• Greenhouse heating at higher temperature and lower cost by George Thomson
  • Literature review

Front Cover: Students dressed up as Melocactus conoideus in a local parade A conservation project in the Brazilian city of Vitoria da Conquista consists of lectures and workshops at school as well as field-trips and parades to publicise and educate the local people of the importance of environmental sustainability. The BCSS provided a grant in 2003 to protect a population of Melocactus conoideus and the cactus is now used as an icon to raise local awareness of conservation. Photo: collection of the Colegio Nossa Senhora de Fatima-Sacramentinas

BCSS Journal 04/2012
Journal 03/2012 | 4.5 GBP
  • Editor's comments by Peter Berresford
  • Across the border in Arizona and Utah by Ian Woolnough
  • In my greenhouse by Geoff Bowman
  • Cacti of Jamaica by Rene Samek
  • Subterranean cacti by Bill Christie
  • Agave 'Kichiokan' by Robert D Stephenson
  • Gasteria polita, an endangered succulent from South Africa by Johan Baard
  • Effective ex situ conservation by Bill Maddams
  • Two new species of Aloe (Asphodelaceae) from Madagascar by Jean-Philippe Castillon
  • Plant of the quarter
  • An account of Barcelona's Jardin de Mossen Costa i Llobera by Alan Ritchie
  • Worthwhile hybrid succulents 13: Cleretum and the Livingstone Daisies by Gordon Rowley
  • A case of magnesium deficiency? by David Quail
  • CactusTalk
  • Literature review
Photo: Echinocereus dasyacanthus
Described in 1848 by Frederick Wislizenus from El Paso del Norte (now known as Ciudad Juarez), Echinocereus dasyacanthus is widely distributed throughout much of the Chihuahuan desert in Texas. New Mexico. Chihuahua and Coahuila. Flowers are normally in various shades of yellow but occasionally populations like those in Big Bend contain a few striking blooms displaying betalain (reddish to violet) pigments (Photo: Peter Berresford)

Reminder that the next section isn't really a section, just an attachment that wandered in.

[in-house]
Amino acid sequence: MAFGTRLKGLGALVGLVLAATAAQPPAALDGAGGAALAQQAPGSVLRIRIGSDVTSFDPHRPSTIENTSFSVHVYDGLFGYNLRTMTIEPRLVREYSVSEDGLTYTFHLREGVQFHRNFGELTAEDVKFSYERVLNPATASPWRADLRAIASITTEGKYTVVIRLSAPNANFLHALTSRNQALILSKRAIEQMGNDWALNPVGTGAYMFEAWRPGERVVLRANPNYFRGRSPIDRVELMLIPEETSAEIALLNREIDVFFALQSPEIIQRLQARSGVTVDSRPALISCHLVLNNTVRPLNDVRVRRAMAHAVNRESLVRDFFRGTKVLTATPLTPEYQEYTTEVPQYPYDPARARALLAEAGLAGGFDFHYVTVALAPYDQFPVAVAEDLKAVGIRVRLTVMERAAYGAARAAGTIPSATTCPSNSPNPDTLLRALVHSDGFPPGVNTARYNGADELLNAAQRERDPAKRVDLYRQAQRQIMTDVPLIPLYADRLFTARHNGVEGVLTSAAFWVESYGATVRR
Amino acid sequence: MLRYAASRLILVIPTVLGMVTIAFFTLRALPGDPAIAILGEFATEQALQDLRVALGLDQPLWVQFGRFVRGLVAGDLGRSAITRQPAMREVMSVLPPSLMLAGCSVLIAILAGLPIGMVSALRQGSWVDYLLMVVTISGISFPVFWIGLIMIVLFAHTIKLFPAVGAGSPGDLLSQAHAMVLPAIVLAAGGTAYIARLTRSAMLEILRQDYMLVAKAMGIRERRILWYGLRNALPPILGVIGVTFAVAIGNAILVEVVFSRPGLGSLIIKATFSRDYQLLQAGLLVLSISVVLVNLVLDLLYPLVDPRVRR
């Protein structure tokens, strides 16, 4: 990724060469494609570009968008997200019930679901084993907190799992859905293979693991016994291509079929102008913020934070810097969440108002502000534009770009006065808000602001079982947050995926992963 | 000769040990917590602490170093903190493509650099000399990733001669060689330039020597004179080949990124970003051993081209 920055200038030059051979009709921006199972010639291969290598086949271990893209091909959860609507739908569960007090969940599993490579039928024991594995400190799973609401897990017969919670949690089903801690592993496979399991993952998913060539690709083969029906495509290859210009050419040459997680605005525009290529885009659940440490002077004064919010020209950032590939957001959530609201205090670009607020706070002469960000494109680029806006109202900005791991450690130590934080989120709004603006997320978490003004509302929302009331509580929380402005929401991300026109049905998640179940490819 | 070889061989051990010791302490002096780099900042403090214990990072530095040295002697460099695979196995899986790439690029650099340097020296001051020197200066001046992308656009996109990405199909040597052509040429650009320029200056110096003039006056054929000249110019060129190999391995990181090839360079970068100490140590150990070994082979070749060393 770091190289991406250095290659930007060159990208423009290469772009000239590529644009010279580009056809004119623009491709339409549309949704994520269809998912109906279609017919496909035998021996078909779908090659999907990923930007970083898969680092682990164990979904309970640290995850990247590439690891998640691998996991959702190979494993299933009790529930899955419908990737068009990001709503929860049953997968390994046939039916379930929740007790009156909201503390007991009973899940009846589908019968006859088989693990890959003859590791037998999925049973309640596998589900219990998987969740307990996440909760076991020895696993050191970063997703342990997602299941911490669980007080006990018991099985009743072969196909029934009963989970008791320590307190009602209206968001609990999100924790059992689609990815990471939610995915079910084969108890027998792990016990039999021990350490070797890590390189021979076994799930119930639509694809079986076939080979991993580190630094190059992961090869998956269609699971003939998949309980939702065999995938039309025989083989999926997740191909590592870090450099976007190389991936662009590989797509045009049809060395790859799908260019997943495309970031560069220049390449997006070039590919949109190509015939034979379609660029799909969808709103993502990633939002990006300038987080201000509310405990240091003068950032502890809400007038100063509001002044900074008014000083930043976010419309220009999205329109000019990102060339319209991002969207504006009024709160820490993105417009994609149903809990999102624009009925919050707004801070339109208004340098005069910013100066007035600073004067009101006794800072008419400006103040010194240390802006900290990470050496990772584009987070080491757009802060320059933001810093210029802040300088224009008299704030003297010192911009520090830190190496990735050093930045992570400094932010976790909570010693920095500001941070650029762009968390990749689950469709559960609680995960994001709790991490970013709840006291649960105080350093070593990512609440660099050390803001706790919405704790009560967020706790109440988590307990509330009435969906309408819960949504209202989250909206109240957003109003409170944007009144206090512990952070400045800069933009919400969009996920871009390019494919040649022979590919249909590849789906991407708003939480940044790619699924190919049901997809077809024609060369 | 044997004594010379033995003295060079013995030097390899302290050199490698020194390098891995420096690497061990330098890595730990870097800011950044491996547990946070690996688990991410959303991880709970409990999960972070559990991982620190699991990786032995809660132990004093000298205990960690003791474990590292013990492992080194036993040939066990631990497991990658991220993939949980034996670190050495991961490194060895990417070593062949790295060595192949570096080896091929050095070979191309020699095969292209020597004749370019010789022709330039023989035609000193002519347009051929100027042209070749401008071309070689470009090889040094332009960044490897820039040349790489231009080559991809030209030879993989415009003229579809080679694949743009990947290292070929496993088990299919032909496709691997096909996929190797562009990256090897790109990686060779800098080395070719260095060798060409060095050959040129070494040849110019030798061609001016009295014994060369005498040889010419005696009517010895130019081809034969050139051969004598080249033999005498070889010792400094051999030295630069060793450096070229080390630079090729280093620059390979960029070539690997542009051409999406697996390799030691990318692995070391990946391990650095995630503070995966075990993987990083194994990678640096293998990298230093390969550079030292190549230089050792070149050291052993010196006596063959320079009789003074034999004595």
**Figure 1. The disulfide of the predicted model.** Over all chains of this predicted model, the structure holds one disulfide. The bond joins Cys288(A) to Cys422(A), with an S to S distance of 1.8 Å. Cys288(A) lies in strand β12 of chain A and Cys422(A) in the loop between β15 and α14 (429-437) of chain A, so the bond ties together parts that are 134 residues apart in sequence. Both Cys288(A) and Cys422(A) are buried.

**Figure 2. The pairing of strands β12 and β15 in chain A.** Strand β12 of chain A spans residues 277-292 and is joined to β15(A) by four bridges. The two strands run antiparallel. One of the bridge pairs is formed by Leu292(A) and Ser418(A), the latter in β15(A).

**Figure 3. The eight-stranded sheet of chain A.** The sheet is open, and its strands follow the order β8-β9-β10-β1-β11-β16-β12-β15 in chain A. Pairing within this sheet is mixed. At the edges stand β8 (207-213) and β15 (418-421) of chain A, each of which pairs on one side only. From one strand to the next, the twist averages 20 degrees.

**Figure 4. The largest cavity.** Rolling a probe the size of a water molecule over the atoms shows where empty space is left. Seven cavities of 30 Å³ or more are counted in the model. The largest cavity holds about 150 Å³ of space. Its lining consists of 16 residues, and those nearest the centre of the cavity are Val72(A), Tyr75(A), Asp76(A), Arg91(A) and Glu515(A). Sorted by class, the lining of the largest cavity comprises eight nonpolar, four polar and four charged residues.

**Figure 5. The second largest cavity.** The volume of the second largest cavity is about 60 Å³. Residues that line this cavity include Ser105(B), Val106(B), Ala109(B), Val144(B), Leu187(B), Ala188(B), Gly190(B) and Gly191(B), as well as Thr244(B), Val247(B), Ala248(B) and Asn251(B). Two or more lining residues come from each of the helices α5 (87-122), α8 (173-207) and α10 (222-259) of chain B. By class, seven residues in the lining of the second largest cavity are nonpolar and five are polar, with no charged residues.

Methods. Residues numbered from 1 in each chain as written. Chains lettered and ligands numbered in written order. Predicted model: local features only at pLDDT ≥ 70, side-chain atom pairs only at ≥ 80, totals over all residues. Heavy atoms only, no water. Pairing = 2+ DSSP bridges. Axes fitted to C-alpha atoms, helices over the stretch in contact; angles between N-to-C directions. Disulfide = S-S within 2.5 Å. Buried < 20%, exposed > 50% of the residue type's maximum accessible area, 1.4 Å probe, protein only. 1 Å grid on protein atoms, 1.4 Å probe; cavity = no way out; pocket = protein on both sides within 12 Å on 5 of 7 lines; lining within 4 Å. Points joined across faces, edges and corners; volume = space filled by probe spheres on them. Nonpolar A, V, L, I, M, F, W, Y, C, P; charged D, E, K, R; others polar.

BCSS Journal 04/2012
Journal 03/2012 | 4.5 GBP
  • Guest Editorial by John Pilbeam
  • The National Show 2012
  • Just what do we do with names for Haworthia? by M B Bayer
  • Weedin's small-flowered hedgehog cactus by Peter Berresford
  • Favourite mesembs (part 7) by Eddy Harris
  • In my greenhouse by John Hughes & Jim Earles
  • CactusTalk
  • Seed distribution 2012/2013 by Peter Arthurs
  • A new species of Resnova by Julian M H Shaw
  • The National Road and another new Conophytum by Chris Rodgerson
  • Hope in the hands of children: part 2 - the Melocactus conoideus conservation project by Cliff Thompson
  • The Kortdoringvlakte - Western Gariep valley by Graham Williamson
  • Cold-hardy cacti for gardens and cold greenhouses by Leo Chance
  • Round Robins Report
  • An introduction to the cacti of Uruguay by Ricardo Garbarini
  • Literature review
Front cover: Conophytum youngii This new Conophytum. described inside as Conophytum youngii. was discovered in 2011 by Chris Rodgerson. Alice and Alan Vander Bon and Andrew Young (whom it is named for). Remarkably it was discovered within just a few kilometres off the busy N7 National Road in the Northern Cape region of South Africa. C. youngii has a beautiful spring flower and is an exciting novelty for enthusiasts of the genus. (Photo: Alan Vanden Bon)